Top 5 safety tips for female travellers

I thought I was a pretty savvy traveller until recently, when an incident in the first week of a four-month trip overseas drove the message home: All travellers, even the frequent ones, may face risks in a foreign place. But there are ways to minimise those risks and maximise the good times. Here are my top five tips tailored especially for women to take on board.


1. Fake it ’til you make it

Attitude is everything. Minimise the risk of becoming a ‘tourist scam’ statistic by staying sharp and looking like you know where you’re going and what you’re doing, even if you don’t have a clue. It’s preferable to approach a local for help rather than attract unsolicited assistance from a stranger, who may have their own agenda.


Of course, being duped can happen to the best of us, usually because we’re too trusting, we’re sympathetic to locals in need, we let our guard down, or we don’t have the language and cultural insights when we arrive in a foreign place. The worst thing you can do is let a negative event ruin your trip or mar your perception of an otherwise fabulous place. Learn from the experience and move onwards and upwards.


2. Travel light

Bag lady. Packhorse. You don’t want to look like either, groaning under the weight of all the worldly chattels you simply had to bring… just in case. Pack with the intention of using/wearing every item in your luggage. See, it’s lighter already.


Importantly, make sure your collective luggage is of a size/weight/number you can handle yourself without relying on others, especially on public transport. If you appear to have it all under control when you disembark, there’s less chance of pickpockets ‘relieving’ you of your valuables. It also reduces the risk of a ‘helpful’ local whisking away your unwieldy bags (and you in tow) to their unregistered taxi or second-cousin’s dodgy hotel before you can say “Sisters are doin’ it for themselves.”


3. Know what’s cool and what’s not

How many times have I greeted my young nephews by mussing up their hair? (Too many, they would probably say. LOL) However, I would never do that in India, where touching another person’s head is a no-no.


Sometimes, the most seemingly innocent actions can translate as serious cultural transgressions in foreign places, incurring the displeasure of your hosts. Research the customs of your destination before you arrive so you don’t put a foot wrong – literally – by pointing your feet at others when sitting in a Samoan fale (hut), for instance, or failing to remove your shoes before entering a Hindu temple. (Not that members of these communities are likely to outwardly express their annoyance, but being sensitive to their cultural practices will ensure a warmer welcome.)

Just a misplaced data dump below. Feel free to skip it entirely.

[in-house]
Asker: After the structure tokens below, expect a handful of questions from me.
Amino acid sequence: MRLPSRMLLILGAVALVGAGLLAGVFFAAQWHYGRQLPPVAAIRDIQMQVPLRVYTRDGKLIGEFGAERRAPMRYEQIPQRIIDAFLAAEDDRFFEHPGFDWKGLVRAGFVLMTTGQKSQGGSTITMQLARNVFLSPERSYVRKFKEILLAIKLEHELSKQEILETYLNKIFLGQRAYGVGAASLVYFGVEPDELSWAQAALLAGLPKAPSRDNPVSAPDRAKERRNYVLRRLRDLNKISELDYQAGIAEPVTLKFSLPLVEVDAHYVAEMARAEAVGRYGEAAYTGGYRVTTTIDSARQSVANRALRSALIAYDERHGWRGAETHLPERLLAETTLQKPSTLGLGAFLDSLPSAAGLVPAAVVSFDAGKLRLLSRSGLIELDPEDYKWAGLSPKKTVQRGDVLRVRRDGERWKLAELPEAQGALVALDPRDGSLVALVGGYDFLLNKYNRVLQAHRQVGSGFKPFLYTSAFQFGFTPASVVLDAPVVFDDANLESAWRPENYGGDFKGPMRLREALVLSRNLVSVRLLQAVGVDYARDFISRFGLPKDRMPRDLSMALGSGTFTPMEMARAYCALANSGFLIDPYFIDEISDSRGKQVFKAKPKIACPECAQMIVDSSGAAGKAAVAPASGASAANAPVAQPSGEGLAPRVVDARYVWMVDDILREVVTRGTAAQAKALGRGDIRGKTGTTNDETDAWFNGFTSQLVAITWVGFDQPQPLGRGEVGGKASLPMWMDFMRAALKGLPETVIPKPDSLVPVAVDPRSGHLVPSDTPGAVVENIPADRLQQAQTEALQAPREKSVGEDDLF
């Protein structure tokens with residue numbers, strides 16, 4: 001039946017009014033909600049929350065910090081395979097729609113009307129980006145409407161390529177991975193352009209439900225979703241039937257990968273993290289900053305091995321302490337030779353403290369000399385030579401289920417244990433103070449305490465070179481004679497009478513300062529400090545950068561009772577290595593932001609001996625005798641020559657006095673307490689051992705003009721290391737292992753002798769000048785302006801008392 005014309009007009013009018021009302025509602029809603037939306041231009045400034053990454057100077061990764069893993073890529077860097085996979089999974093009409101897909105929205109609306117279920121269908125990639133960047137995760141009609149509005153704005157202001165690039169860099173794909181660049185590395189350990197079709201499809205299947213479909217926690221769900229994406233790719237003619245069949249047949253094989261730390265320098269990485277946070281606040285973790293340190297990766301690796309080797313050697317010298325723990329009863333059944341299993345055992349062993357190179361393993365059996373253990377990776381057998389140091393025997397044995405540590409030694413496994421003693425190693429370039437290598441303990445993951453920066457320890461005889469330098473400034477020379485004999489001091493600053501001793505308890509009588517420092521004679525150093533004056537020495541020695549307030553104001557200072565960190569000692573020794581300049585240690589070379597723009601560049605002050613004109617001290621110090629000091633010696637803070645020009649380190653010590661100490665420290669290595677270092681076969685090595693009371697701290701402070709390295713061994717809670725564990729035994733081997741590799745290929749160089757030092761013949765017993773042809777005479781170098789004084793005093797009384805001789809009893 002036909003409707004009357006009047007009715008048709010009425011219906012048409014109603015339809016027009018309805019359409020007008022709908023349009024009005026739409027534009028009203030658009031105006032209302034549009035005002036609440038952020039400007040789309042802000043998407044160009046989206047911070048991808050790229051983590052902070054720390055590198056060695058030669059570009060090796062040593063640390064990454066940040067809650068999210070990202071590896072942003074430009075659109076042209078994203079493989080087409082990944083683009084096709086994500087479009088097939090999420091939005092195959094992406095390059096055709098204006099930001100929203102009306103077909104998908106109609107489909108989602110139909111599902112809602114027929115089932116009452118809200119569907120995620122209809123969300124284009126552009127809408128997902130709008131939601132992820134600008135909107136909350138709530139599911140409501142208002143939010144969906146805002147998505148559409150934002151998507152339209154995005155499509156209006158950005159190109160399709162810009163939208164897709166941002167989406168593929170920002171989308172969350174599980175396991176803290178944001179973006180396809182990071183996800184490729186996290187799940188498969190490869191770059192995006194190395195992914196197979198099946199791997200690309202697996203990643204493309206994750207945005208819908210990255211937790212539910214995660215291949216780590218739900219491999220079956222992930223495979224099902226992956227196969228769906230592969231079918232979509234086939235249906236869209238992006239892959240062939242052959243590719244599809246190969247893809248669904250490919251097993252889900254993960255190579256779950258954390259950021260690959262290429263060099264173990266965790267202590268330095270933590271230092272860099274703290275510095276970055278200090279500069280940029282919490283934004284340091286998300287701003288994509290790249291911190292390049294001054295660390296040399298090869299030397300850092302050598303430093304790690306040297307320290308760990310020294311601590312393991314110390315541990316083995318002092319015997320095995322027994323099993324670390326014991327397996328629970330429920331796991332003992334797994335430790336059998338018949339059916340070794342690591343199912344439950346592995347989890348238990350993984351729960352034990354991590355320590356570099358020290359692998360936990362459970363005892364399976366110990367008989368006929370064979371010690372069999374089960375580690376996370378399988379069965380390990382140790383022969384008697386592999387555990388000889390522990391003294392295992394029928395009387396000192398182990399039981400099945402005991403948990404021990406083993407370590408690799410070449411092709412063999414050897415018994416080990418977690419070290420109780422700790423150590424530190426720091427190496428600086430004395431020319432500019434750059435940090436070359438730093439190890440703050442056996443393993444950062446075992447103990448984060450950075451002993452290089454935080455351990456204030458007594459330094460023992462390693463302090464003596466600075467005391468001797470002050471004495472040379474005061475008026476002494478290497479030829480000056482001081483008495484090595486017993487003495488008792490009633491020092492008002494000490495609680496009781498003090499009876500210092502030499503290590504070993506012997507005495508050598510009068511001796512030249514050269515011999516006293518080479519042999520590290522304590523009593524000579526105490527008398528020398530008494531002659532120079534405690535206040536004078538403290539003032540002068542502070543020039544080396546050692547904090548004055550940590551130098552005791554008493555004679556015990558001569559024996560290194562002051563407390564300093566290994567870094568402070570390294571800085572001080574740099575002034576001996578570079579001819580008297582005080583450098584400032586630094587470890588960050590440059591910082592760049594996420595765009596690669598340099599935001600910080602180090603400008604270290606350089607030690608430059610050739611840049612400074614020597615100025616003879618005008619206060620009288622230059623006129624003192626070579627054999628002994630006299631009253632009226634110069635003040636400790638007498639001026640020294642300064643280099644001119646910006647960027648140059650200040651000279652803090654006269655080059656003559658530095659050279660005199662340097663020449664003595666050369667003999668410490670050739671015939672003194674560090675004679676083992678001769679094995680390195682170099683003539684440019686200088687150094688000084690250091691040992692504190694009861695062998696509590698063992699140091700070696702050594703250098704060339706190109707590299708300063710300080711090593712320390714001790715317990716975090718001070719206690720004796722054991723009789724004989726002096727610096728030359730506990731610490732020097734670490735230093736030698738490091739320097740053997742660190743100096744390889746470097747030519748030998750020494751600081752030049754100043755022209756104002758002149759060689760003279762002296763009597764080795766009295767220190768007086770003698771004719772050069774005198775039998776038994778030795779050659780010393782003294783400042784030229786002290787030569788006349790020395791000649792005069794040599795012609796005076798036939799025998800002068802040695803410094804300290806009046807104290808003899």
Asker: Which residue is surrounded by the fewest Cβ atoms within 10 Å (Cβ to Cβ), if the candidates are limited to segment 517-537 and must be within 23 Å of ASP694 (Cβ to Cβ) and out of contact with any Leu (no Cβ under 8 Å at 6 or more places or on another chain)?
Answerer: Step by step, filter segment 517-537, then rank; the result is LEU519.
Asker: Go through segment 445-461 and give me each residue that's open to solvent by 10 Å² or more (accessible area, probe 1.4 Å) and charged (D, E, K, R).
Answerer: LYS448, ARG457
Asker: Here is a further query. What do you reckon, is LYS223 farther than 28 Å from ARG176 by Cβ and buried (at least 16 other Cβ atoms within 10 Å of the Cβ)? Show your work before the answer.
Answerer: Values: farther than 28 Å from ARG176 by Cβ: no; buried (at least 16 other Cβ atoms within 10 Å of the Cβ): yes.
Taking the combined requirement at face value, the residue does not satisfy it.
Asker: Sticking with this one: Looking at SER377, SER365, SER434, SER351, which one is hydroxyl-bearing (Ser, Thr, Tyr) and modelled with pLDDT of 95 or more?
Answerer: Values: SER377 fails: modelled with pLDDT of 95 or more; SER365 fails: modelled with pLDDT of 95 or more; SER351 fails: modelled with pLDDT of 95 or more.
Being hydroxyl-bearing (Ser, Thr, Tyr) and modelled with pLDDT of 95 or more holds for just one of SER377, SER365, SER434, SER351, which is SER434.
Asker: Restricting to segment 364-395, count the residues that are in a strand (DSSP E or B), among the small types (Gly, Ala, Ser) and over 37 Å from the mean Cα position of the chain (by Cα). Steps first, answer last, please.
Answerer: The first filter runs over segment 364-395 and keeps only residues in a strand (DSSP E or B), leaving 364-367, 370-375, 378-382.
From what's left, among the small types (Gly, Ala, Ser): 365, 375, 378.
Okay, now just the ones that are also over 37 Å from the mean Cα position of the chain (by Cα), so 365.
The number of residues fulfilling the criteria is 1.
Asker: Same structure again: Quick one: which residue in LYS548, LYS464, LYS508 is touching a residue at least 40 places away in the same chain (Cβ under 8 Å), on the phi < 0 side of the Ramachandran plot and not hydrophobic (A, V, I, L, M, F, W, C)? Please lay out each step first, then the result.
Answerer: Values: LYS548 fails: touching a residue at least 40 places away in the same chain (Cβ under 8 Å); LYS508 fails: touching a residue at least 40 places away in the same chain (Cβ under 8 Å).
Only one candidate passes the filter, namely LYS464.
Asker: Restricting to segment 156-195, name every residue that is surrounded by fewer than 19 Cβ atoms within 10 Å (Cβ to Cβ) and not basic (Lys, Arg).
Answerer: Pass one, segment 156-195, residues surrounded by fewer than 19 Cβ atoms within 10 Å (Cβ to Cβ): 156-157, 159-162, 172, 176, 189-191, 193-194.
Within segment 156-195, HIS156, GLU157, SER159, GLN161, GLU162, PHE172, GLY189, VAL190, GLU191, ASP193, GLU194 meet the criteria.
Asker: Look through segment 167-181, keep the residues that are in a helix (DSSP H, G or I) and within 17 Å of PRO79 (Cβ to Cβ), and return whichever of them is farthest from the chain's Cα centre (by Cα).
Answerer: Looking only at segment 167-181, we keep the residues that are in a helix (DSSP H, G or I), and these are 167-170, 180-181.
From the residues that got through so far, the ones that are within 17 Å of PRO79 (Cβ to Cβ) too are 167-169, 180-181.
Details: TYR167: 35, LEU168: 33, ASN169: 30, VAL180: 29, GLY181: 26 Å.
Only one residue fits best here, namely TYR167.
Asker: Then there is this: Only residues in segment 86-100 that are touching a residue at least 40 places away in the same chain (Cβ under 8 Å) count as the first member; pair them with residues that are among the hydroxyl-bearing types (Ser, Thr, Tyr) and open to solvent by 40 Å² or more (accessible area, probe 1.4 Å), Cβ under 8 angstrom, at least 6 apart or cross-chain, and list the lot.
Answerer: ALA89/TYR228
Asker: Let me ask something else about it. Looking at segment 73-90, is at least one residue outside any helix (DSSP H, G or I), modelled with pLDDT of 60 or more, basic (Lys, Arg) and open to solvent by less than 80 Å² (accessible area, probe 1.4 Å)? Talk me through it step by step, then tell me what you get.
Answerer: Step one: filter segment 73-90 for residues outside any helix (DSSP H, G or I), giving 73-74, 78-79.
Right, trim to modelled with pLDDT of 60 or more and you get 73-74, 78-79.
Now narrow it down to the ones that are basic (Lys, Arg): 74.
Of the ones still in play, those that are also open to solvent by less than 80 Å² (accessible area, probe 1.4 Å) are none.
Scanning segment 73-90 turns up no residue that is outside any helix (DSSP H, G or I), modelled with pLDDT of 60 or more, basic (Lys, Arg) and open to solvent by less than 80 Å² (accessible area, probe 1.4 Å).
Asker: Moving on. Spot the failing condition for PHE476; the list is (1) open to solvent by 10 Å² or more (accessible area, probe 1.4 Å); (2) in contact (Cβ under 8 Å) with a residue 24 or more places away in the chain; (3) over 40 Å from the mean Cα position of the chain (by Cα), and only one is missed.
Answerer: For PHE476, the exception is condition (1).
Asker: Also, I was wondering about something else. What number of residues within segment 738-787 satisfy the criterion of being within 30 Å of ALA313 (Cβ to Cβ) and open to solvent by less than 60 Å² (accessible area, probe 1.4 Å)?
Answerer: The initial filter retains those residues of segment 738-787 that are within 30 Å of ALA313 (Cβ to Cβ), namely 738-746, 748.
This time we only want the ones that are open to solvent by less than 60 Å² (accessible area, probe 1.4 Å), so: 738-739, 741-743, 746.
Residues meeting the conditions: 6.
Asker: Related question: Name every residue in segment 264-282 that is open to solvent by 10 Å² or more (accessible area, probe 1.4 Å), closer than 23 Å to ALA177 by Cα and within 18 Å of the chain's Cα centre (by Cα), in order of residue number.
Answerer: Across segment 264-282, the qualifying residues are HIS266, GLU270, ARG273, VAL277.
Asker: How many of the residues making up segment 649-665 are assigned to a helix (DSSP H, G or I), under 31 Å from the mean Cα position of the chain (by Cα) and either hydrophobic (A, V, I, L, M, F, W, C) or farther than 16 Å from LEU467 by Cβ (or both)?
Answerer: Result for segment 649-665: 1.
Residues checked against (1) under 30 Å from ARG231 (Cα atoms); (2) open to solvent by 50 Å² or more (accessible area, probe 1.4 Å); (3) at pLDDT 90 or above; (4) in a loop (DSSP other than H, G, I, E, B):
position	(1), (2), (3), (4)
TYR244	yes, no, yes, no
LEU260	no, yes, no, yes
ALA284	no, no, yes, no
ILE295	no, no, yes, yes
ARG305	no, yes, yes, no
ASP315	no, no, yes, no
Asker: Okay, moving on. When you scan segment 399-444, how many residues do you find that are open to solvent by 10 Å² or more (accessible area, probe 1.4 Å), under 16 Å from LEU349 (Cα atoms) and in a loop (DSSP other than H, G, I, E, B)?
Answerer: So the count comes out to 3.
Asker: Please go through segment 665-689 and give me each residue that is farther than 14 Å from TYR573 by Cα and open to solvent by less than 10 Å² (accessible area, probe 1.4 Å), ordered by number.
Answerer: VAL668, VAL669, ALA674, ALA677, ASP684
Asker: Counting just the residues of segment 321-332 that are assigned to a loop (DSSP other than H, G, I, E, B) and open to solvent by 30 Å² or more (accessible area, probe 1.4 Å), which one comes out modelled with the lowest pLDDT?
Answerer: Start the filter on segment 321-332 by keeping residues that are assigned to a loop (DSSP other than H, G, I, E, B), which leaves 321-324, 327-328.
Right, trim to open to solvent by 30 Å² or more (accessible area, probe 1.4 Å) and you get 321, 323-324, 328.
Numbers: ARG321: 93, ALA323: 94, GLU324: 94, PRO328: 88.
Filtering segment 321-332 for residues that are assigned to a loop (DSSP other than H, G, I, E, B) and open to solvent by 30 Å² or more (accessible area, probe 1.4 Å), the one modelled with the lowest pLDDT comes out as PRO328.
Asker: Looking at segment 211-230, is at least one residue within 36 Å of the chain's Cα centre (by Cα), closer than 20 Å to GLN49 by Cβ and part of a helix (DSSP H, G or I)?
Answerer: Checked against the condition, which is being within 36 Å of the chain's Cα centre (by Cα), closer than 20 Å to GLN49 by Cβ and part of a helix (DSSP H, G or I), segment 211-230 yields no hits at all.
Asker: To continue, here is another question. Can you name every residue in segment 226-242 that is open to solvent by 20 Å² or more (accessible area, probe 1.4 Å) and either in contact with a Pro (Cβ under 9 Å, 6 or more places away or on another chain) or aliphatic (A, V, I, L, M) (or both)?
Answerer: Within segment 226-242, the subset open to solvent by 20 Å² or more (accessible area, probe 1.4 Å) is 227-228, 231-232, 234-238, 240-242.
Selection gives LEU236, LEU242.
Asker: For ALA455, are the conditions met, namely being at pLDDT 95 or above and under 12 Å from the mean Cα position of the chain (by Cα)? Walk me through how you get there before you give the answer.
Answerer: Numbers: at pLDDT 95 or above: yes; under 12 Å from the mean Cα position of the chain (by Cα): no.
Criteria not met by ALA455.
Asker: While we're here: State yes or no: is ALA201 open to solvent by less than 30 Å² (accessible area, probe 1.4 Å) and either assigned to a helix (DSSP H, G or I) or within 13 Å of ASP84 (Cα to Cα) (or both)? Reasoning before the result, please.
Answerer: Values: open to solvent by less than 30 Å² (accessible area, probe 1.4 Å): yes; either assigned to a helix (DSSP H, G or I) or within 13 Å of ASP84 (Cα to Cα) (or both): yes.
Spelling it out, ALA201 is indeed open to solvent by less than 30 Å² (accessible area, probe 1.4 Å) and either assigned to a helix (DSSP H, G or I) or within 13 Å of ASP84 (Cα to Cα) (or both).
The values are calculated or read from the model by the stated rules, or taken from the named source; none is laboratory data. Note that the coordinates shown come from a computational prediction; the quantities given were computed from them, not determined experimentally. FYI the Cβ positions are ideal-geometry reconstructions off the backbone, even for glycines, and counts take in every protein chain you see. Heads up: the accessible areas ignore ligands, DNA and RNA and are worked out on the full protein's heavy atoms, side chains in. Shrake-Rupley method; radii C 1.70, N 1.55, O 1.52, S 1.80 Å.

Familiarise yourself with the local dress code and pack appropriately. While we’re on that subject, I always keep a light scarf in a neutral colour in my handbag or daypack. It weighs nothing and takes up no room but is invaluable when I need to cover my shoulders before entering a place of worship, or as a barrier against a chilly wind or the harsh midday sun.


4. You’re not in a Hollywood rom-com

Drink-spiking is known to occur in bars, clubs and hotels around the world. Never leave your drink unattended or even under the watchful eyes of your new ‘friends’ while you go to the toilet. Don’t accept a drink with the promise of ‘no strings attached’ from that handsome stranger unless: (a) you see the bartender open/pour it before your very own eyes; (b) you’re confident you can maintain control of the situation; and (c) you have a foolproof exit strategy if needed.


5. Where’s my bag?

It goes without saying you should secure your daypack or handbag at all times, especially when weaving through crowds or stopping to take photos. The same applies when using public toilets. Observe where the hook for your bag is positioned on the door of the cubicle. A hook that is high and/or off-centre may enable a thief to access your bag from the other side of the door or the next cubicle after gaining leverage from the sanitary bin conveniently provided. By the time you look up, your bag is gone. I know of this happening to a Sydneysider in a shopping centre in her home town, proving locals are no less immune to bag theft than visitors.




More great travel advice for women can be found at the Australian Government’s Smart Traveller website. Click here.

1 comment

  1. I particularly agree with the first point, Liani. I was in Paris recently where pickpockets are rife. You have to look like you have your act together and give off a don’t mess with me vibe in the streets. My downfall is I don’t dress like a Frenchwoman! Good blog, keep up the good work. It’s great to have a site where you can check in with travel for women.


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